Composer and performer Ingram Marshall dies at age 80
Composer and performer Ingram Marshall, whose honors include awards from the Guggenheim Foundation and the American Academy of Arts and Letters, has died at the age of 80 from complications of advanced Parkinson's disease. His death was confirmed by his wife, Veronica Tomasic.
Marshall forged unusual connections between minimalism and electronic music, relying on sophisticated yet understated techniques to render unexpected, expressive landscapes, ones that stand in opposition to the more abstract creative modes favored by his contemporaries. Marshall's friend, composer John Adams, called it music "of an almost painful intimacy."
"Its essence is deep and brooding," Adams wrote in the liner notes for the 1984 New Albion recording of Fog Tropes, Gradual Requiem and Gambuh I. "Although its generously layered surfaces are often painted with a rich, almost opiated luxuriance, the message is, never-the-less, always spiritual, one might even say religious, in content."
In addition to the legacy left by his music, Marshall fostered generations of younger composers. He held teaching posts at the California Institute of the Arts in the early 1970s, and Evergreen State College in the late 1980s, as well as visiting positions at the San Francisco Conservatory of Music, Brooklyn College and Yale University. His former students include the distinguished composers, musicians and musicologists Timo Andres, Armando Bayolo, Christopher Cerrone, Tyondai Braxton, Jacob Cooper, Adrian Knight, Matt Sargent, and Stephen Gorbos, who wrote a dissertation analyzing Marshall's composition Dark Waters.
Ingram Marshall was born on May 10, 1942 in Mount Vernon, N.Y. just north of New York City. His formal education included an undergraduate degree at Lake Forest University in 1964 followed by graduate work at Columbia University, where he was affiliated with the groundbreaking Columbia-Princeton Electronic Music Center under Vladimir Ussachevsky. He also studied with Morton Subotnick, a pioneer who composed with early synthesizers, in a workshop at New York University and at the California Institute of the Arts. Marshall, who would long be associated with a West Coast aesthetic, earned his MFA there in 1971.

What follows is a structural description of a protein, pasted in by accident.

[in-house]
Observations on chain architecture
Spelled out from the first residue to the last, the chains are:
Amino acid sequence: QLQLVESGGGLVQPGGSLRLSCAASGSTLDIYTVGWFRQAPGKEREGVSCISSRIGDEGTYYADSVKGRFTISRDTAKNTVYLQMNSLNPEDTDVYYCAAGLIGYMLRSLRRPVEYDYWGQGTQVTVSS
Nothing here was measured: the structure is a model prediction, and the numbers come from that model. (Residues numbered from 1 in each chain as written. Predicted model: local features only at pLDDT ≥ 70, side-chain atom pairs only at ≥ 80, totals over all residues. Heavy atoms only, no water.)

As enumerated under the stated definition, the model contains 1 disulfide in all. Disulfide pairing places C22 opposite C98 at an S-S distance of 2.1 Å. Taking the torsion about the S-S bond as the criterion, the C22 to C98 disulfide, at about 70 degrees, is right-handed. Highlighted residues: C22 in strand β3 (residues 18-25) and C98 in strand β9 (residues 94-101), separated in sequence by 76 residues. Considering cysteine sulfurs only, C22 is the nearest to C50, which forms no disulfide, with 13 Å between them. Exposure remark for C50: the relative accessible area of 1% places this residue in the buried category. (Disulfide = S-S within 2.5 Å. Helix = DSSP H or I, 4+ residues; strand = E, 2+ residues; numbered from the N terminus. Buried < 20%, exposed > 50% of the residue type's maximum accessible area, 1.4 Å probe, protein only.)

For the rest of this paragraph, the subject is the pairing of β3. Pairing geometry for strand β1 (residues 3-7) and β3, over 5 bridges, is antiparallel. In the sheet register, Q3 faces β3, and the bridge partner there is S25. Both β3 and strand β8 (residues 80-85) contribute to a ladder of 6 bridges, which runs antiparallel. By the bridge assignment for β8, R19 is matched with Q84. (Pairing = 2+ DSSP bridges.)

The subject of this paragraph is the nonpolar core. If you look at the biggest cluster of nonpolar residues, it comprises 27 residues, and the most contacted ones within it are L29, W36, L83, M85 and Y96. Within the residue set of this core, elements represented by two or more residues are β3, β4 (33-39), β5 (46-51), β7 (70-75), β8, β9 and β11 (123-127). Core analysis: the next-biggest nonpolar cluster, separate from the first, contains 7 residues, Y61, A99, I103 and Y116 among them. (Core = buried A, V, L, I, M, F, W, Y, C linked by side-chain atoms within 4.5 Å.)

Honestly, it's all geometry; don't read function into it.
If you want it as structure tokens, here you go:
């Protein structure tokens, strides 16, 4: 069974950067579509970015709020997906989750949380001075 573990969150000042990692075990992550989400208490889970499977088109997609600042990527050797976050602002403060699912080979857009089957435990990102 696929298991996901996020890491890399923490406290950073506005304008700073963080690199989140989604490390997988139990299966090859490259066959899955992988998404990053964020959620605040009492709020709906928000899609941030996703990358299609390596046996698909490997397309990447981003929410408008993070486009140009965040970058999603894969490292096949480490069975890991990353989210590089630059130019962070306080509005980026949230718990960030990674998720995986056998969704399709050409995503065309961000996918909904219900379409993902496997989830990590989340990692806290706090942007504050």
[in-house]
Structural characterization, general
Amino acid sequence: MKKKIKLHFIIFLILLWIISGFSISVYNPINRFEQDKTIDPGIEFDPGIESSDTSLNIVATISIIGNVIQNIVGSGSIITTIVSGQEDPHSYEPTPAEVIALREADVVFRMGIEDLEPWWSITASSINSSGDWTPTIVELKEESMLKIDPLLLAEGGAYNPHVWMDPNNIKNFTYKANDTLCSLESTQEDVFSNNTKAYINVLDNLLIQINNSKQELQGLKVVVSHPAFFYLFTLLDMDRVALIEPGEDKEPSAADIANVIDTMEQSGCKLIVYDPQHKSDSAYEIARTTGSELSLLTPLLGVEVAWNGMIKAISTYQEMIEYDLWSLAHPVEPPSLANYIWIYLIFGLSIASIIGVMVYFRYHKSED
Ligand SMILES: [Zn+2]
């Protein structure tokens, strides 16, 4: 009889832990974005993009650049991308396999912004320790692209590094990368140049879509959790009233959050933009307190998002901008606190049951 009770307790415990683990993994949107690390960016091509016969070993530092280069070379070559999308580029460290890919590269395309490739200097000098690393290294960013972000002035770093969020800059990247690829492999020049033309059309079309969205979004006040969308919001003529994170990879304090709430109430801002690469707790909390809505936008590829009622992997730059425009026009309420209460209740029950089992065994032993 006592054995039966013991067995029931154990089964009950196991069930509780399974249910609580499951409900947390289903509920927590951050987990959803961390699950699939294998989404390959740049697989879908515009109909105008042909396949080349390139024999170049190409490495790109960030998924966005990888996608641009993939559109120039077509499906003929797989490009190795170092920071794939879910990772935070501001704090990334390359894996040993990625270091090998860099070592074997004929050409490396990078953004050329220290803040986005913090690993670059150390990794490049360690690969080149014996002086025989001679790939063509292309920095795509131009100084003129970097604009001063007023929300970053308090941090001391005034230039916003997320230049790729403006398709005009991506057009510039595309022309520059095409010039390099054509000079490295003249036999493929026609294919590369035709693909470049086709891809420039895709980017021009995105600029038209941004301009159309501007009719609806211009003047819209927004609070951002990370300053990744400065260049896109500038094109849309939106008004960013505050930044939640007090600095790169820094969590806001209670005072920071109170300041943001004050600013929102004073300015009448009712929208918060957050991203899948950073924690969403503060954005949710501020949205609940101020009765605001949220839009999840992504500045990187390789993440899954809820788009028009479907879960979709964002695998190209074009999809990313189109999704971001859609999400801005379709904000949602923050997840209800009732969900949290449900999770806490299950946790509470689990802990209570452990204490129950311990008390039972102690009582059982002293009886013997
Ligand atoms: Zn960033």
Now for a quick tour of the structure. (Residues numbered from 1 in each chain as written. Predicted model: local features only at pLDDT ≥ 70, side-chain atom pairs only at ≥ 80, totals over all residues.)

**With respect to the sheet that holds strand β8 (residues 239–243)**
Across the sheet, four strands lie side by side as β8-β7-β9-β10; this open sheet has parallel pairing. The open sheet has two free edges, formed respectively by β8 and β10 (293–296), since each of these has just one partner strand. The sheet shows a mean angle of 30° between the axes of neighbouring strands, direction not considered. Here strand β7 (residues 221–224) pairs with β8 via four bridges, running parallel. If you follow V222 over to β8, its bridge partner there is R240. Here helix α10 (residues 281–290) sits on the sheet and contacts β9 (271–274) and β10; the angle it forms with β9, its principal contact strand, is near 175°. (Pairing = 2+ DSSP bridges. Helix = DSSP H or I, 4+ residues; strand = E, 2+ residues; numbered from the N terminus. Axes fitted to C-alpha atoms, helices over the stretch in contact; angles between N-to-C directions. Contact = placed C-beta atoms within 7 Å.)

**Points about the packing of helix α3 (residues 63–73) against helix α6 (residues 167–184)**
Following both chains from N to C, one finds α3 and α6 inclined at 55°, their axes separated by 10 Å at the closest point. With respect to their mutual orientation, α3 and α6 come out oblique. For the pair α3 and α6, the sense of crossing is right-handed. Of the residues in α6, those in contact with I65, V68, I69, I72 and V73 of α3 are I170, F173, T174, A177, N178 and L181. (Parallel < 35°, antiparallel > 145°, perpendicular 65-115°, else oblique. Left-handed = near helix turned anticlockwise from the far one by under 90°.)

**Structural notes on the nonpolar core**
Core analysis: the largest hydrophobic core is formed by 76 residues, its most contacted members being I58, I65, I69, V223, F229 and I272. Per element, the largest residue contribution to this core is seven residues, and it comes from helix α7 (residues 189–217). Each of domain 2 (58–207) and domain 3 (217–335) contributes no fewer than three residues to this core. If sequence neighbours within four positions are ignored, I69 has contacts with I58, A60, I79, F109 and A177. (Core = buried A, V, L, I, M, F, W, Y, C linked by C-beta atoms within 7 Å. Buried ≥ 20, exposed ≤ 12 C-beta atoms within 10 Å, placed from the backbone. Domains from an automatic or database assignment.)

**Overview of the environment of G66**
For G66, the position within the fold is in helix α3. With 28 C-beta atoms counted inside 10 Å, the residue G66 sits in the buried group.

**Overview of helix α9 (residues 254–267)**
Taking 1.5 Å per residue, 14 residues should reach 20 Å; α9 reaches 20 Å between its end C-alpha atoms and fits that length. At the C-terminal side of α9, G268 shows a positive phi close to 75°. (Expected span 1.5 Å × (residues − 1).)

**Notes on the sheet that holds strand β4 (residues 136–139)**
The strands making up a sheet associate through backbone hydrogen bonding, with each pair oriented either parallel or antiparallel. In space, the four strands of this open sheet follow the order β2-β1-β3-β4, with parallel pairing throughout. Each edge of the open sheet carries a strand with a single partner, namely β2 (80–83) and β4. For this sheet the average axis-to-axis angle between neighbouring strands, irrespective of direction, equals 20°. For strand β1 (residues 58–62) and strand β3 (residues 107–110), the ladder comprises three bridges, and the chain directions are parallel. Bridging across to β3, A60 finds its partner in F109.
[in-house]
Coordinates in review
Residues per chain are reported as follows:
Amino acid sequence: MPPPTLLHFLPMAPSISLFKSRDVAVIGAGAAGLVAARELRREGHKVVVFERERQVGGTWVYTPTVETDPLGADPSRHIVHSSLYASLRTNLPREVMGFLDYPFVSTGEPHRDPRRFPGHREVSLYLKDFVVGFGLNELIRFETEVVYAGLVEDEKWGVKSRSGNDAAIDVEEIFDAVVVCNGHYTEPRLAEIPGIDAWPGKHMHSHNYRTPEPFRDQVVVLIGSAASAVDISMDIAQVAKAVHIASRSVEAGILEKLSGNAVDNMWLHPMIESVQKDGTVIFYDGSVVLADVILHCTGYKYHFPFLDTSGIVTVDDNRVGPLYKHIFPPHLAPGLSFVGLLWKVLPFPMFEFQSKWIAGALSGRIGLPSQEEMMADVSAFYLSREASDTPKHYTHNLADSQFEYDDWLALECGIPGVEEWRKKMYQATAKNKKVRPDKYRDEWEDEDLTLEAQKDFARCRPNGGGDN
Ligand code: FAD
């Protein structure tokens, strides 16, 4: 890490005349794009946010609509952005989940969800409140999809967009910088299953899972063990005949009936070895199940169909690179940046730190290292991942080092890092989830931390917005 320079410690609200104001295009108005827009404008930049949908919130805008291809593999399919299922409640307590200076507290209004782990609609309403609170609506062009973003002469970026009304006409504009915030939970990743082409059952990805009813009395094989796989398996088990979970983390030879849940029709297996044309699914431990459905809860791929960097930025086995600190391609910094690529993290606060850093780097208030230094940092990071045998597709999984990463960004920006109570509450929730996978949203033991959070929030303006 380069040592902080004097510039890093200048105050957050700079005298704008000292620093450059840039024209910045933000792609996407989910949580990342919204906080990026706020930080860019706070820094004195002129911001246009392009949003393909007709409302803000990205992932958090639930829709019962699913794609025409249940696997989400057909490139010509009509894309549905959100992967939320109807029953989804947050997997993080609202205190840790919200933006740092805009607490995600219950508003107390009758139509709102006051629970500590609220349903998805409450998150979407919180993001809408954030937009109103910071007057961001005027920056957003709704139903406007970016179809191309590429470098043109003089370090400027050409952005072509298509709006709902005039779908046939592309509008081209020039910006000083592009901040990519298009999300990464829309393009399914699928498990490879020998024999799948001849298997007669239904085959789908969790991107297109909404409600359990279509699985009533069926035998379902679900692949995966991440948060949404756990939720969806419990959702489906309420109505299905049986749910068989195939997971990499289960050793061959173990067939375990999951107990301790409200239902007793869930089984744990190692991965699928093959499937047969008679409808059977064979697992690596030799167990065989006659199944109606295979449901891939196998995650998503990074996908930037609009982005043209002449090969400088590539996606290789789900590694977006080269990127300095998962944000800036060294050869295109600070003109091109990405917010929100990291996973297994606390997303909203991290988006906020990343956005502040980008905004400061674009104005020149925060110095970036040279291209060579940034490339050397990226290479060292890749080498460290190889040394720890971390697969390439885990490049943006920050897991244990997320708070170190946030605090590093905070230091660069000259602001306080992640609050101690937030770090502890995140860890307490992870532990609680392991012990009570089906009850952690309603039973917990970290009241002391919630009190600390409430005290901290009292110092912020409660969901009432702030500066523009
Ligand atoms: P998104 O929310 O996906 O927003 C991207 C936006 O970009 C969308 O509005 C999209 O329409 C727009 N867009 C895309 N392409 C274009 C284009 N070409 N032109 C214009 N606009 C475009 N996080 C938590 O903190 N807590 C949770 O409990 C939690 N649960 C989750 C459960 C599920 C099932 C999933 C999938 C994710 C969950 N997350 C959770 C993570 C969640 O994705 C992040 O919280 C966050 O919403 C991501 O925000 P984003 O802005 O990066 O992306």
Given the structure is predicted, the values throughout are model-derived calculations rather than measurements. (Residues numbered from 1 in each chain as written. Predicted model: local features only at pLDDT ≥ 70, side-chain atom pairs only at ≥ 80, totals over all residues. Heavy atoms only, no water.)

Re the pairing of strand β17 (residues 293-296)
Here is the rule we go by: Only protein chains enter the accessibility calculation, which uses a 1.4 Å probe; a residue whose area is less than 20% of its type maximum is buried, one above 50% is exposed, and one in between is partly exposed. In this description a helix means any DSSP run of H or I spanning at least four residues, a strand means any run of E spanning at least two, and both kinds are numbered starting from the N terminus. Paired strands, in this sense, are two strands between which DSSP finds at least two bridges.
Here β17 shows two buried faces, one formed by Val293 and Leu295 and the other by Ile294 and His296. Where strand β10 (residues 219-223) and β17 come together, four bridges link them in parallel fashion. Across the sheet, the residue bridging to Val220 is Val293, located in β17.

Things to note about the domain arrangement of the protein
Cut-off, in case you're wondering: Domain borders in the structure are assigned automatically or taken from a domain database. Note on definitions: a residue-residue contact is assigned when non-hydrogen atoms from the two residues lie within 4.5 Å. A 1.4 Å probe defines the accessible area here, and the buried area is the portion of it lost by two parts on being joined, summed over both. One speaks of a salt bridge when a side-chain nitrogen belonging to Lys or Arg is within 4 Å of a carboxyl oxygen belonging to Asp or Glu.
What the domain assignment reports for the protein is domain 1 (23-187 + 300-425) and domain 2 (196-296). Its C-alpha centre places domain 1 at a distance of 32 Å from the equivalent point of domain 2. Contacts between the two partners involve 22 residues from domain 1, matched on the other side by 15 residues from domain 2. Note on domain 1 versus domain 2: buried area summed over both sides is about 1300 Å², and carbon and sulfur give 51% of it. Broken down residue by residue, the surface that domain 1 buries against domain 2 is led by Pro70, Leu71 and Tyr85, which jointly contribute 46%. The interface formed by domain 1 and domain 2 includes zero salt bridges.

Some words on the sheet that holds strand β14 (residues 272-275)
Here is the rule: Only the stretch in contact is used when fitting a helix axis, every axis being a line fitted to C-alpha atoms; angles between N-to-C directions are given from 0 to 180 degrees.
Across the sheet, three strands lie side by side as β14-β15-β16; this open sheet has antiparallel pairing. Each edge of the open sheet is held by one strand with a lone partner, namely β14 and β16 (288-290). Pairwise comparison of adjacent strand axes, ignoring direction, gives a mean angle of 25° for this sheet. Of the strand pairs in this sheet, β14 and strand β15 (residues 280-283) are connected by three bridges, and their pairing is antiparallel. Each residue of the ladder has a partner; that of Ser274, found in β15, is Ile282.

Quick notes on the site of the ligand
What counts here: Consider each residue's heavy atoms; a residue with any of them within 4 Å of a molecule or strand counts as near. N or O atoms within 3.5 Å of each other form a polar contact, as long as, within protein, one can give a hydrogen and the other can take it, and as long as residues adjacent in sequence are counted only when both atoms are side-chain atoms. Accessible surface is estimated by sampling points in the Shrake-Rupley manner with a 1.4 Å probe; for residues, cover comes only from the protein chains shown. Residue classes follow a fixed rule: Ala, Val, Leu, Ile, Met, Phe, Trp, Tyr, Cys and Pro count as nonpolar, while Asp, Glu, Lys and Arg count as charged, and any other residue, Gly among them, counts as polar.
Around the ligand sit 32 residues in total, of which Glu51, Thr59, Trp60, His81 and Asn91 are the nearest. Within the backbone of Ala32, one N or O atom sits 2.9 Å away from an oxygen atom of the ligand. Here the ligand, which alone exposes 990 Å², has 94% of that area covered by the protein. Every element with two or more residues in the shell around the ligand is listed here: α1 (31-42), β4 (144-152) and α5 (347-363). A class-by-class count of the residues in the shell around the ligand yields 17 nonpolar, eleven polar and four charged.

His real awakening at Cal Arts, however, was occasioned by a profound encounter with the school's Javanese gamelan ensemble, which happened to be led by one of the island's foremost modern composers, Kanjeng Pangeran Harjo Notoprojo. Marshall studied the music intently, wanting to do little else for some time, and ultimately spent four months in Indonesia.
"That really turned my thinking around," he said in an interview for Yale University's Oral History of American Music Collections. "I realized that the 'zip and zap, bleep and blap' kind of formally organized electronic music I had been trying to do simply wasn't my way and that I needed to find a slower, deeper way of approaching electronic music."
Unlike other composers who had fallen under the spell of shimmering bronze instruments from the East, Marshall wrote little for gamelan itself; gambuh, a Balinese bamboo flute he played in several pieces, was the exception. Instead, the music influenced how he structured time, no doubt a response to the expansive, suspended quality of ritual time that is such a significant part of Indonesia's pre-industrial cultural legacy. Those generously layered surfaces of Marshall's music would also seem to reflect the gamelan in its constant motion, an imitation of nature. In short, his experiences put him on a path to pursue what he called "the dark and the beautiful and the endless."